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How to play the ‘Trump card’ when managing client portfolios

by | Feb 1, 2017 | UpClose

How to play the ‘Trump card’ when managing client portfolios

by | Feb 1, 2017 | UpClose |

Risk management remains paramount in 2017, with markets likely responding unpredictably to the policies emanating from a new administration. Active strategies can help mitigate risk and volatility for client portfolios facing the “Trump card.”
When former Senator John Edwards ran for president in 2004, he was credited with coining the phrase “Two Americas,” in a now-famous speech at the Democratic National Convention. Perhaps nothing better represents the ramifications of this concept than election night 2016, when the electoral map lit up in surprising fashion.

 

Although it is not exactly what Sen. Edwards was referring to, The New York Times wrote on November 16 of last year, “For many Americans, it feels as if the 2016 election split the country in two.” Many would argue that the election represented the voice of an electorate deeply divided along core demographic, social, and economic lines and values.

How such a divided citizenry might impact economic confidence and growth during the new Trump administration is a bit of a wild card, and it is almost impossible to assess its impact on investment performance. Nonetheless, it should not be ignored. It represents one of the many potential and incalculable black swan events that could surface under an administration that was elected specifically to shake up the status quo and long-standing norms, policies, and even fundamental ways of conducting the business of government.

Markets typically do not respond favorably to uncertainty. President Donald Trump is like no other. He is an enigma. His lack of any prior governmental experience, and his personal entanglements with businesses around the world, possible conflicts of interest, ever-changing policy positions, and nonspecific details of such policies make him the poster child of uncertainty. Proof of this is demonstrated by the thousand-point swing in the Dow that occurred within the first 24 hours of the election. The people who rationalized the post-election surge are in the same class as the ones who argued why the market would get crushed if Trump were to win. Namely, the only valid prediction is that the market’s response to the new administration will be unpredictable.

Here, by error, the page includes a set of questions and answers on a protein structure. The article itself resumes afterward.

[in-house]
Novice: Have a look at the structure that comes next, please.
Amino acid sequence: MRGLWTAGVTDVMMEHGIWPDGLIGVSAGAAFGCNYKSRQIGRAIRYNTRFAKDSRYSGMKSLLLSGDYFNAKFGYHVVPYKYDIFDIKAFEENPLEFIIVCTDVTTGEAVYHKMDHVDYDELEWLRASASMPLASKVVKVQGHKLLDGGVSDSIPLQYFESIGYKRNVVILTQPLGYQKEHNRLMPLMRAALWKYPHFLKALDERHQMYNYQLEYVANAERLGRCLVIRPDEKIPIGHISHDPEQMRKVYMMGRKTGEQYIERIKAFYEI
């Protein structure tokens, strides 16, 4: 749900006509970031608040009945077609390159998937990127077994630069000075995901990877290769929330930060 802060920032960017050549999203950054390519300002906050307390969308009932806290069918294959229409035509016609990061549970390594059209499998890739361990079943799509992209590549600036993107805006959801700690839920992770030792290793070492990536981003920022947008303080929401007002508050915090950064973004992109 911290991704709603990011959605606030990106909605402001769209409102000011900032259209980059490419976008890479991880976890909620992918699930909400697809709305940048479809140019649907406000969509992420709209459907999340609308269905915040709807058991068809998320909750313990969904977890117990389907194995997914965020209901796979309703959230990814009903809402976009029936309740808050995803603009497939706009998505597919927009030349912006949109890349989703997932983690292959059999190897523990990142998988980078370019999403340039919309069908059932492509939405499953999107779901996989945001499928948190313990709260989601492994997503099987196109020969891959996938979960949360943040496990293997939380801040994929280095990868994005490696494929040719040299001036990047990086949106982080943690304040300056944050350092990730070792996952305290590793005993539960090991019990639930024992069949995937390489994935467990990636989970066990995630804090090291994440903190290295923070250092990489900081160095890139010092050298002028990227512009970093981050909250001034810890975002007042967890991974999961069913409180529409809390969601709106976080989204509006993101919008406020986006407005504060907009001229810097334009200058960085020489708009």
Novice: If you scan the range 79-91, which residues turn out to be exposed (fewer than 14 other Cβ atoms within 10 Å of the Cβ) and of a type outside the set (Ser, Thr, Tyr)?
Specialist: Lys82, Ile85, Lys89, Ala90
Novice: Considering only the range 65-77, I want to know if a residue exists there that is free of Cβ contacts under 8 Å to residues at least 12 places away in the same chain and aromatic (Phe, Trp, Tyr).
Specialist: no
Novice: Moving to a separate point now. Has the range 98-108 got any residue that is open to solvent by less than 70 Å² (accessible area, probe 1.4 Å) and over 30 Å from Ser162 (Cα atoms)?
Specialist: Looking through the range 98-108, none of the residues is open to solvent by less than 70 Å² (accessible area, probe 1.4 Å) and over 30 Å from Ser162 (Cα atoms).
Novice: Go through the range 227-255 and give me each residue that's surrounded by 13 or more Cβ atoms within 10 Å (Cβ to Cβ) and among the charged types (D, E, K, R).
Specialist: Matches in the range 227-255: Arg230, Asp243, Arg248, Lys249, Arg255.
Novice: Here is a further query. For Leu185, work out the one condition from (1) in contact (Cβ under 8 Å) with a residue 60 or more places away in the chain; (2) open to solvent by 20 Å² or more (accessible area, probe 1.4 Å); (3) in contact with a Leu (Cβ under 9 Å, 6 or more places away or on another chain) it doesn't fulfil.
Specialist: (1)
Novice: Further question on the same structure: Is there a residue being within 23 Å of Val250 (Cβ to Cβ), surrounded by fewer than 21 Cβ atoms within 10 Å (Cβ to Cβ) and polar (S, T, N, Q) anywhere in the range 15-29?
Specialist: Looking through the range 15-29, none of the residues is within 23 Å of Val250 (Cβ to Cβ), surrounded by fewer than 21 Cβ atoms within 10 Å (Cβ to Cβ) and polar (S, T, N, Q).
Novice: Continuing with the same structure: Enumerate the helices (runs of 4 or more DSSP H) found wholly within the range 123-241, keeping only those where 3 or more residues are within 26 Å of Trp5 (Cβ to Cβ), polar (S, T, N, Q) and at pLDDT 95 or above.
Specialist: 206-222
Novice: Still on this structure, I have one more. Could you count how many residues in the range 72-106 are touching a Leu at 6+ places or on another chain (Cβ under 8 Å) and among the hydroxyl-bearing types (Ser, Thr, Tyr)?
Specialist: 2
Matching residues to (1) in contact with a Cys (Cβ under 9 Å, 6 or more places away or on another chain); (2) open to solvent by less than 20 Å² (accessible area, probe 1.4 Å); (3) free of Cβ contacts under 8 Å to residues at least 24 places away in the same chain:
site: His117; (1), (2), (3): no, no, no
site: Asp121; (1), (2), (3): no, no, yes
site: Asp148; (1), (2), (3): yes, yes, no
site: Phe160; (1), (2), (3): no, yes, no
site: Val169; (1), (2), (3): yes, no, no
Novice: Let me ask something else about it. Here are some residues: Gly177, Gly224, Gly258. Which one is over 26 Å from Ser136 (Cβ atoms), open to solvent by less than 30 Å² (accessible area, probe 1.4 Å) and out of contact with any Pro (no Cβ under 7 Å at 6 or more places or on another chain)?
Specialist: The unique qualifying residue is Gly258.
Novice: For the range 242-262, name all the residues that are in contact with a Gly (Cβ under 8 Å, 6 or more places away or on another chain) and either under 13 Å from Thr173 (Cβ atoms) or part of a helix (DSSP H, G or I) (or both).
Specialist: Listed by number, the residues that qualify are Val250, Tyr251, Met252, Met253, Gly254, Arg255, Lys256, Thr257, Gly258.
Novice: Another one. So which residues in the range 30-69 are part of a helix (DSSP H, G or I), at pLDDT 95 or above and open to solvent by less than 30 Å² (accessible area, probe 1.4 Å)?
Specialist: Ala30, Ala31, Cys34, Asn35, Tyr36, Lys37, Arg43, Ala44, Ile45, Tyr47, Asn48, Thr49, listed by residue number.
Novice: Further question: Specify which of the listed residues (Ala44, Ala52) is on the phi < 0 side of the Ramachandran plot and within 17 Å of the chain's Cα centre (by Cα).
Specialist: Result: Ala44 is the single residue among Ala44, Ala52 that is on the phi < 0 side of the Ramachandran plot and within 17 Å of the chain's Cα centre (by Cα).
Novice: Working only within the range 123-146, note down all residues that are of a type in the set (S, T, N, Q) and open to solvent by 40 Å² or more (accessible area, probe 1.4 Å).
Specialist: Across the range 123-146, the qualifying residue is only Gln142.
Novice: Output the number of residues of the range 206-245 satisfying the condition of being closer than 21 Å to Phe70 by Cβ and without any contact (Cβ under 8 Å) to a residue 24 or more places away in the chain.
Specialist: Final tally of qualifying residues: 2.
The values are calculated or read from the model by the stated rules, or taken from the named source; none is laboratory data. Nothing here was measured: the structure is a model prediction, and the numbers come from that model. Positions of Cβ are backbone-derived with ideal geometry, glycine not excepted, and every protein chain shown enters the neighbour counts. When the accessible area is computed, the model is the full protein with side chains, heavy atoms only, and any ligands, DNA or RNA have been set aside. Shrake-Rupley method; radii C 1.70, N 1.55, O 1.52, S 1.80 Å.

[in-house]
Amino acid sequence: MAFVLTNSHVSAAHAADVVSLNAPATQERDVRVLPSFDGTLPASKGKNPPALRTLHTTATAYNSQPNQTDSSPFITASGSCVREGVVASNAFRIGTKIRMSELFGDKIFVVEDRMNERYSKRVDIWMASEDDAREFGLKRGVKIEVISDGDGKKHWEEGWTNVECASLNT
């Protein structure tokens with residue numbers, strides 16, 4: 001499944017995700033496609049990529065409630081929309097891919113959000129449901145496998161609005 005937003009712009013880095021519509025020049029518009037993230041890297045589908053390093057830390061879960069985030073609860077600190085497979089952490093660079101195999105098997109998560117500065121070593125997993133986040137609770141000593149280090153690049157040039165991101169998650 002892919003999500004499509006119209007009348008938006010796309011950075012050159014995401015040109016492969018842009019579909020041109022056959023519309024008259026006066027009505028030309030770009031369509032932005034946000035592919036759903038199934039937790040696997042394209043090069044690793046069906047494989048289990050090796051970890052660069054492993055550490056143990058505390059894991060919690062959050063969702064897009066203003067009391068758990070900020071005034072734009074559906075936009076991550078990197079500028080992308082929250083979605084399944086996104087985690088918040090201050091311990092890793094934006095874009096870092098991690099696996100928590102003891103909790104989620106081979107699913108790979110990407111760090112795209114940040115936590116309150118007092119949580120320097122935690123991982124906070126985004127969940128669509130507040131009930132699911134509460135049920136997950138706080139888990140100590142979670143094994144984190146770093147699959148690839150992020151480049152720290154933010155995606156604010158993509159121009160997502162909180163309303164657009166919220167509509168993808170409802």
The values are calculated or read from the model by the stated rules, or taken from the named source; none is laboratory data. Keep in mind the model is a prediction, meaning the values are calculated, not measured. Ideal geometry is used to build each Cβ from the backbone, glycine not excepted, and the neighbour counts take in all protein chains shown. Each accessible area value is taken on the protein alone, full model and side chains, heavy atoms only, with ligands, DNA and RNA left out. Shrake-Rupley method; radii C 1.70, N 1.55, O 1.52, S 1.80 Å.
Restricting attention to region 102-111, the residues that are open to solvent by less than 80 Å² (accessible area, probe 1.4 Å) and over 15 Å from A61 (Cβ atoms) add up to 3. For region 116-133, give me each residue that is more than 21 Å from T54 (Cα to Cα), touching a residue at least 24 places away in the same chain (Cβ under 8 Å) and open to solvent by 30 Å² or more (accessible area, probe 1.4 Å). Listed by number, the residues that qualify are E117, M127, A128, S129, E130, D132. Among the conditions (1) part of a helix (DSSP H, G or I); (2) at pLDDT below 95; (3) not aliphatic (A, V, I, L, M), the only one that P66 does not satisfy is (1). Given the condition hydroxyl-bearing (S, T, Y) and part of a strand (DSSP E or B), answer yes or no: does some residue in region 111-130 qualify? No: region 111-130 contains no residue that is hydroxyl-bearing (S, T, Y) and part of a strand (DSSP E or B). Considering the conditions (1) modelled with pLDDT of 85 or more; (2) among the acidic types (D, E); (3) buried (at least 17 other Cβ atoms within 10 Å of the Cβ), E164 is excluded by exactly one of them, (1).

Looking forward for clients

Forecasts are powerfully influenced by the current momentum of the market. Therefore, they can change on a dime. Sentiment and momentum established during an administration’s honeymoon period is one thing. But, the question remains: How will the Trump administration impact markets beyond the honeymoon period, and how should investment advisors who favor active management help position client portfolios now that the “Trump card” is in play?

Although we know very few specifics of President Trump’s policies or his commitment to these policies, the market initially was projecting not only what his economic policies will entail, but also the likelihood that they will be enacted. The prospects for rolling back corporate regulations, coupled with both individual and corporate tax breaks, infrastructure spending, and incentives for corporations holding capital outside the United States to bring this money back to our shores made the market nothing short of giddy in the immediate post-election period.

FIGURE 1: U.S. INVESTOR SENTIMENT—% BULLISH HISTORICAL DATA

In addition to the late 2016 leap higher in investor sentiment, the Shiller PE Ratio, a well-respected indicator of market value, was elevated in early January to a point that has only been exceeded in the last 75 years at the peak of the dot-com era. Honeymoons are great, but they do not last forever. All of this raises the question: What is an active investment advisor to believe and do?

FIGURE 2: HISTORICAL TRACKING OF SHILLER PE RATIO

To provide some historical perspective, rallies following elections are not novel. According to MarketWatch and Dow Jones data, markets have risen more than 60% of the time from Election Day to inaugurations over the last 22 elections. When a Republican is elected, the average change has been a gain of 2.24%, but markets have usually reacted more positively to continuity for the presidential party in power.

From November 1980, when Ronald Reagan was elected, until his inauguration in January 1981, the S&P 500 rose 8.5%. However, during Reagan’s first year of office the S&P 500 dropped close to 10%, followed, fortunately, by eight years of market gains. Whether markets exhibit a similar “pop and drop” course after the Trump honeymoon remains to be seen.

Like Trump, but to a much lesser degree, Reagan was viewed as an outsider. He came to the office following the economic malaise of the 1970s, which resulted from surging oil prices and inflation, promising large-scale conservative growth policies. The market during the present honeymoon period is interpreting Trump’s pro-growth rhetoric as something of a redux of the Reagan revolution. Yet, early in Reagan’s term, inflation jumped to around 7% and later soared to 13.5%.

Determined to wring inflation out of the economy, Federal Reserve Chair Paul Volker increased the federal funds rate to 20% by June 1981. No matter how many of Trump’s policies overlap with Reagan’s on the surface, the economic backdrop for each coming to office could not be more diverse. As investment advisors, we must be careful projecting economic and related stock market success to the Trump administration based simply on comparisons with what Reagan was able to achieve.

Economic factors and policy risk